CaixaEscena Pedagogical Kit

 

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CaixaEscena and La Mandarina de Newton have been working together with the aim of creating a pedagogical kit that could be used as a new and innovative tool when sharing and educating dramatic arts topics in the classroom. In order to do so, we found it essential to have the collaboration of theater professionals and teachers from other disciplines during the different phases of the process. For that we have organised three co-creating sessions with professionals from different areas of Spain.

These sessions started in Murcia (January 24) and this first workshop was a meeting for brainstorming and ideation. There was an interesting discussion on how theatre can be helpful for academic performance, the generation of debates and the personal growth (improving the self-esteem and the perception of others). Nearly a dozen participants assisted the workshop and it was really inspiring.

The second session took place in Madrid, on February 20, and it focused on the prototyping process. Ten participants nailed down the ideas generated in Murcia, added the online proposals, and all ended up combined in two different kit prototypes.

After these two workshops La Mandarina de Newton worked on the two designs proposed by the participants and was able to integrate both of them into a single prototype kit.

Finally, the last workshop was held in Barcelona, on March 20, and the attendees tested this prototype and gave feedback and new ideas in order to improve and extend it.

Now, with all this material, and with the help of theater experts and specialised designers, we will keep working on the prototype in order to achieve the final design of the CaixaEscena Pedagogical Kit.

We’ll keep you updated on our progress!

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HackatH2On - a weekend full of creativity!!

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Last weekend, 21 and 22 of march 2015, took place at the Museu Agbar de les Aigües and to mark World Water Day, an unique event: the HackatH2On.

The HackatH2On was a hackathon of more than 30 intense hours of creativity, where people from the most varied backgrounds had the opportunity to met and to co-create mobile applications with aim of bringing citizens and the water world into close proximity. Programmers, engineers, designers, museum curators… all accepted the challenge and decided to participate on the HackatH2On.

La Mandarina de Newton was the entity hired by the Museu Agbar de les Aigües to organise this great creativity celebration! There were weeks of  hard-work and the weekend itself, also a marathon for our team… but, certainly, an effort that was well worth it!

Being responsible of making posible that such creative people with an eager to share ideas, innovate and to ‘give one’s all’…, have the opportunity to meet at the same space to co-work on a project, is what make us forget all the effort required.

Also, seing that our work is recognised by the protagonists, make us feel even more motivated to keep on working! And our commitment is also to try to learn as much as posible from each single project, so the next one could be an even better experience for everyone!

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A ‘BIG THANKS’ to all of you!!

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The call for participation was a success! 5 days before the announced deadline, the 90 available places were already sold out!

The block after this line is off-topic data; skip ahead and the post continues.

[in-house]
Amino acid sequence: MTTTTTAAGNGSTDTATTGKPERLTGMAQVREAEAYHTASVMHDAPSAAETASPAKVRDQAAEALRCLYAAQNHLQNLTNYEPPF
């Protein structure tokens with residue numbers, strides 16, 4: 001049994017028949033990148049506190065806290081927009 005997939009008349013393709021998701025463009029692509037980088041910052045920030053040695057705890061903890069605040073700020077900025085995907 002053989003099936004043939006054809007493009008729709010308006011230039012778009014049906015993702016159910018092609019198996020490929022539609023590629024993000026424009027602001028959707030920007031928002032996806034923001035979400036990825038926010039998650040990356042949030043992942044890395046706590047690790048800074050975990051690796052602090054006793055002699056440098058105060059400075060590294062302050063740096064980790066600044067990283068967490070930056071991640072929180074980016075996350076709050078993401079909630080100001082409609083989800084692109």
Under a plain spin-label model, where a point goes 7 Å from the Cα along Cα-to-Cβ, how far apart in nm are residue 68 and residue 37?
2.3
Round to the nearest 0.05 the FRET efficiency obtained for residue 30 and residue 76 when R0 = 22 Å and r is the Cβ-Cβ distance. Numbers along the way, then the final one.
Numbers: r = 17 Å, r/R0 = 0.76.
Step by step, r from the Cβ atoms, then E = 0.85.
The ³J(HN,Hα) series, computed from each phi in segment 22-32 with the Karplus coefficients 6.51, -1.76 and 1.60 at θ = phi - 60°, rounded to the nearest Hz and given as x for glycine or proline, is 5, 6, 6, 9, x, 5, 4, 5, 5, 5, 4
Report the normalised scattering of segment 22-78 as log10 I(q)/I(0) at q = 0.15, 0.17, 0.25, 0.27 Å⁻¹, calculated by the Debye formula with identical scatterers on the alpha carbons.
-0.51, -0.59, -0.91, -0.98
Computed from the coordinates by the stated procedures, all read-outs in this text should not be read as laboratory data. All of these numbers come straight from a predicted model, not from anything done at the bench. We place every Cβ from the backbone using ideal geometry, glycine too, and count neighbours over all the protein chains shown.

With a waiting list that did’t stop growing, the decision to increase the number of H2Ocreatives to 100, was taken!

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Finally, on saturday morning, we filled up the Àgora auditorium of the Agbar Museum with more than 80 participants!!

The 24 hard-working hours resulted in over 20 high quality, creative and innovative proposals for mobile applications.

The presentations of the projects took place on sunday morning and, after the difficult task, the jury composed by experts in museology and technology and members from the Agbar Foundation (Ignacio Escudero, CEO of Aigües de Barcelona; Manuel Cermerón, Strategy and development director of Agbar; Xavier Verdaguer, founder of TMT FactoryIntegra InteractiveInnovalleyseven4seven and Imagine Creativity Center; Javier González Abad, Managing director of Citilab; and Lluís Marquina, Director and presenter of Generació Digital TV show from Televisió de Catalunya), chose the three wining teams of the HackatH2On:

  • 1st prize (3.000 euros): Cubus Games, formed by Jordi Solà, Jaume Carballo, Albert Pons and Quim Garreta, which created an interactive fiction application, ‘Agbar – the Water Temple’, suitable for all ages and that, from the visit to the museum, places the user on a drought context, letting him/her think about this future threat.

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  • 2nd prize (1.500 euros): SorryFib, formed by Daniel Otero and Guido Arnau, developed ‘H2O Game’, an application that uses gyroscope and fluid simulation and that makes use of the NFC tags located in different museum locations to unlock the game levels while visiting the exhibition.

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  • 3rd prize (the ’famous’ HackatH2On chair – a prize that the Agbar Museum decided to give after the spontaneous requests on social networks): O2H, formed by Miquel Llobet and Daniel Torremilans, who developed an application, ‘ShowerUp’, based on the concept of saving water under the shower, in which the users play with their friends trough a ranking competition, with the final goal of reducing water consumption.

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As usually happens on a competition like this, there were too many great ideas for the number of prizes… lots of them with a really high quality!!

Our team would like to congratulate and thank ALL for the non-stop hard word and dedication!! We hope you enjoyed as much as we did!

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We look forward to seeing you all in some other future activity!!

See you soon!!

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Contest FantàsTIC2015